I exit The Purity and walk across the parking lot towards my car. An eighties-style mini-van with patches of missing blue paint whips around a line of parked cars and screeches to a halt as if to avoid hitting me. It is several feet from making actual body contact, but screeches nonetheless. Burning cigarettes dangle from the corners of the lips of both the driver and his passenger.
The passenger jumps out like he’s late for an important interview. He takes a few sprinting steps and stops in front of me. With his thumb and forefinger, he pulls the cigarette from of his mouth. His face is bright, lit by a smile of anticipation.
Perhaps he’s a fan of It Happened at Purity.
I’m on my way home from the veterinarian where I’ve learned the sad news that our dog Lucy has to have another Luxating patella surgery. I’m in no mood to sign autographs.
He’s of slight build, about my height, short blonde hair, wears a camo T-shirt, and looks vaguely familiar. He pauses and opens his mouth. Perhaps he’ll say My buddy wanted to run you over, but I told him not to.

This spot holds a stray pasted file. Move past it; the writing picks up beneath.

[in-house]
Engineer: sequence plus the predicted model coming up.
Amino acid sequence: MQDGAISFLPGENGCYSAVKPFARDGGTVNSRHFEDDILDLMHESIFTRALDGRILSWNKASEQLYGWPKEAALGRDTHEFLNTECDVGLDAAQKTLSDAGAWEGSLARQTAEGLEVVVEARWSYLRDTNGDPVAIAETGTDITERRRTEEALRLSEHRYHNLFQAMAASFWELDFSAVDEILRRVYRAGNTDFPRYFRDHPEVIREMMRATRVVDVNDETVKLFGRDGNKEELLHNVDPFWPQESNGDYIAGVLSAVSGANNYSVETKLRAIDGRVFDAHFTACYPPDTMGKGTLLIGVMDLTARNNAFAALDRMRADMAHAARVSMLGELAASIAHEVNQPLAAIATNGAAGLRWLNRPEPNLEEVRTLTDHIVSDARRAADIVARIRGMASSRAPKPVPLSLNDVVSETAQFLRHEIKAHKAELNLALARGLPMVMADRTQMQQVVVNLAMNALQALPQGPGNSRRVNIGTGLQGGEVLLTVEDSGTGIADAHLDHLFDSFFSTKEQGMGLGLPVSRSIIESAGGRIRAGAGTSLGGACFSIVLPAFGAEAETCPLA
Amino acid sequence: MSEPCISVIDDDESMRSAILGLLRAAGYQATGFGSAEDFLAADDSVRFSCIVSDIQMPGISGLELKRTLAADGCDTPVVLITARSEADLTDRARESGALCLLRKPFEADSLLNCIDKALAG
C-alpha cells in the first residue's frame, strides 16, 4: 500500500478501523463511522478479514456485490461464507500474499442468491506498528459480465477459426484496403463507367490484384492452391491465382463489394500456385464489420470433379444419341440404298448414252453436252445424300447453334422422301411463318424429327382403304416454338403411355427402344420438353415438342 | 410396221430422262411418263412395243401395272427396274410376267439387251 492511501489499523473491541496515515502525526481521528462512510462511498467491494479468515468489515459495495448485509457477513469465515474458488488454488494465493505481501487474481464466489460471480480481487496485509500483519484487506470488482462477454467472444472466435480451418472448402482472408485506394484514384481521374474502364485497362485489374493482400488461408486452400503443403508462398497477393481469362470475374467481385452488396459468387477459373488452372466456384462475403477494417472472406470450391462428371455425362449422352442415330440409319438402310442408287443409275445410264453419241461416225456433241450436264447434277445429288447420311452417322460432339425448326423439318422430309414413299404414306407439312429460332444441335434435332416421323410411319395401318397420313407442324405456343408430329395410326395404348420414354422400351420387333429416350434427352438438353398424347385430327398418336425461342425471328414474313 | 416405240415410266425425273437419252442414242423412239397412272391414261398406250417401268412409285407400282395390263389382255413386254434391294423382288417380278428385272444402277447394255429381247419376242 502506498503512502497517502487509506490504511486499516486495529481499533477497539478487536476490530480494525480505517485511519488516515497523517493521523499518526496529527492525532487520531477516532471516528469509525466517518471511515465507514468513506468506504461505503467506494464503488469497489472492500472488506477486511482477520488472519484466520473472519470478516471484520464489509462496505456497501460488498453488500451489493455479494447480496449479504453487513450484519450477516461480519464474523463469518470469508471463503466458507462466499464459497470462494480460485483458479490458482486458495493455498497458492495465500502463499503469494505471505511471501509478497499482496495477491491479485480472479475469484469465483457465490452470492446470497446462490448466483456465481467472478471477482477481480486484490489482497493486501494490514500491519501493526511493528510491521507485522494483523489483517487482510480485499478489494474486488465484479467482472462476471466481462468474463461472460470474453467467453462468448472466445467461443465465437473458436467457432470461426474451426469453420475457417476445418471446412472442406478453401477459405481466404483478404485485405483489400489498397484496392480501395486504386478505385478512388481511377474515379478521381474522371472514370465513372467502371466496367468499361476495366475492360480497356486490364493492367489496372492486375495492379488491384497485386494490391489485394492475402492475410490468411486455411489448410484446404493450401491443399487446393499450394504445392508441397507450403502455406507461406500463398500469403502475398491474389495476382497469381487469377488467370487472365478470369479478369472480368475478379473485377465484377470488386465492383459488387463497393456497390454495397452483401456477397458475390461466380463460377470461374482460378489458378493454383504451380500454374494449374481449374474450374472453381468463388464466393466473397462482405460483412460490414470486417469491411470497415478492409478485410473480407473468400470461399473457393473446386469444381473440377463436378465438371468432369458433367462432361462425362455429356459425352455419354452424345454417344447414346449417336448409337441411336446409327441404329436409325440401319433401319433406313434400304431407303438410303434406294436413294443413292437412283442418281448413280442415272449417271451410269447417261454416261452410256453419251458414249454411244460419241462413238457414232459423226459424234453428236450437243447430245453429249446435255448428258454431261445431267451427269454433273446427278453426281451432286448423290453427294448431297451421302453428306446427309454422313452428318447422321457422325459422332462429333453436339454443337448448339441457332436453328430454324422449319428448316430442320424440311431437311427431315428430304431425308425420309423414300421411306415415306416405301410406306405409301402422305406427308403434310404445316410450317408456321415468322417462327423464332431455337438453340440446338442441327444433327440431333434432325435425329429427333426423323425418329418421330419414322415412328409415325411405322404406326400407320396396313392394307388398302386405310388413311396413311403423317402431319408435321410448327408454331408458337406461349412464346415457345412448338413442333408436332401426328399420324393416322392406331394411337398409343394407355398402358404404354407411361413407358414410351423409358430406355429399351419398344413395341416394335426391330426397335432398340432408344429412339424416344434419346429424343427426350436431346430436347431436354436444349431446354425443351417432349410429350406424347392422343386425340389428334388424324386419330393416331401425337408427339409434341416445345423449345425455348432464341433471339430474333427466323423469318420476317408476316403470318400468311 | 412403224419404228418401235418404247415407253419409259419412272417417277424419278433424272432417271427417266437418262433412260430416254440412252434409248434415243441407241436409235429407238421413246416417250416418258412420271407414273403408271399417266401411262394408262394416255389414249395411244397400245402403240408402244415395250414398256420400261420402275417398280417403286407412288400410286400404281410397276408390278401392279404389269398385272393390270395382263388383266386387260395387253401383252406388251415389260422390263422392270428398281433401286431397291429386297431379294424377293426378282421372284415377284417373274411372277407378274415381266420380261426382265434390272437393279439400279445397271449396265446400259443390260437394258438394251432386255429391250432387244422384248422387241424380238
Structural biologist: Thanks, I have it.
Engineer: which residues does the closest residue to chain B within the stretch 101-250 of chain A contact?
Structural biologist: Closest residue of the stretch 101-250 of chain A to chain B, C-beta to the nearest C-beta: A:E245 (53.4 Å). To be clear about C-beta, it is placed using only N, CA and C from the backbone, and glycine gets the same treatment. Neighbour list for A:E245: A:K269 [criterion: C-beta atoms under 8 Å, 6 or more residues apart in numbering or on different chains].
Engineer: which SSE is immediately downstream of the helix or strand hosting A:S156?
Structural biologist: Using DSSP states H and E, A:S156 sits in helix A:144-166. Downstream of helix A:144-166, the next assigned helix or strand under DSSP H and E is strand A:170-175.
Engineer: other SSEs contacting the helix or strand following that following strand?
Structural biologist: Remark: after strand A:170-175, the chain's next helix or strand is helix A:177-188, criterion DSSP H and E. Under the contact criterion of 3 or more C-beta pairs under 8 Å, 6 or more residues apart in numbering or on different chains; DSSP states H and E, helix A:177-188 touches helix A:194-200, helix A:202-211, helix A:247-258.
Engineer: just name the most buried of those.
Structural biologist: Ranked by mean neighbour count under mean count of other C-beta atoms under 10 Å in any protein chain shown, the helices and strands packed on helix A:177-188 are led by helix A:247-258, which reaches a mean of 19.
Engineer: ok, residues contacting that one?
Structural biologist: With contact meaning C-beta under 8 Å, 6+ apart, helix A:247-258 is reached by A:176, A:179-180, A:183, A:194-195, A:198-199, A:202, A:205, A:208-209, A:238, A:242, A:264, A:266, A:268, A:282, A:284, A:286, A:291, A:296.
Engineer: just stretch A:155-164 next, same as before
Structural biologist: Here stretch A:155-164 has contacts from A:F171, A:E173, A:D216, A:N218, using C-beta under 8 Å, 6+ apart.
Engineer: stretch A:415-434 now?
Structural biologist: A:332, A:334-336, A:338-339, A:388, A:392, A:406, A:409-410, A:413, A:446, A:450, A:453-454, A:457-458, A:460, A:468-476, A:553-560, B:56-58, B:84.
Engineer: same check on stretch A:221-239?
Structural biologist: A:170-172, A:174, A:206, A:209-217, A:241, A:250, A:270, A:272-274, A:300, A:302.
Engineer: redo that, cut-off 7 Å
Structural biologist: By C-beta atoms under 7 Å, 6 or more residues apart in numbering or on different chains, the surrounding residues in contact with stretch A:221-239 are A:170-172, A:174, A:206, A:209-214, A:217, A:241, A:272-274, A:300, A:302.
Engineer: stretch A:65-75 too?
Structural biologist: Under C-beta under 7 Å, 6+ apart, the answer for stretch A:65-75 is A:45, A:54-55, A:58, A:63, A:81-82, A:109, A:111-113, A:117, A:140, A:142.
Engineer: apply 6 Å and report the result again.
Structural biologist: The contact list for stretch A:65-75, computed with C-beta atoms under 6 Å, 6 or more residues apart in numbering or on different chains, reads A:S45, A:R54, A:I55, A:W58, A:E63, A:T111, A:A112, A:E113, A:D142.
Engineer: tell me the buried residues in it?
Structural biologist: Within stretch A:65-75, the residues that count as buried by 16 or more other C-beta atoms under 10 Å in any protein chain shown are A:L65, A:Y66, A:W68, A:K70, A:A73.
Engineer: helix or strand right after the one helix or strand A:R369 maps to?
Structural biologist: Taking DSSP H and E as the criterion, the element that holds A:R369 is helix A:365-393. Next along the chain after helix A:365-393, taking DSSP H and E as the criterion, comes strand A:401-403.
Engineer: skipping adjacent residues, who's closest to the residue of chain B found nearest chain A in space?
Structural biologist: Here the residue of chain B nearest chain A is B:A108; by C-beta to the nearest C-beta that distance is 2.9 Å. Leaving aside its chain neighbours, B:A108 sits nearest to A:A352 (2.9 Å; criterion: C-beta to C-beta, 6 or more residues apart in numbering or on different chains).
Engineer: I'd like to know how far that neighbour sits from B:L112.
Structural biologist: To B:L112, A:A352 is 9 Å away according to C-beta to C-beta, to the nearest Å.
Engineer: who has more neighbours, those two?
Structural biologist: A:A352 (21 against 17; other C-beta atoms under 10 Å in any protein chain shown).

Instead, he says, “Ma’am?”
I’m thinking here it is—he’s going to ask for money. A couple months ago, I found a dollar in The Purity parking lot. It’s in a cup holder in my car. I keep waiting for someone to ask so I can give it away. This could be the day.
“Yes?” I say.
“Have a nice day.”
This makes me smile. “Thank you. And you, too.” I start to walk past.
He takes a drag off his cigarette and with smoke exiting his nose and mouth, says, “I really like your blouse.”
My heart fills with gratitude for him. He has lightened a very dark day.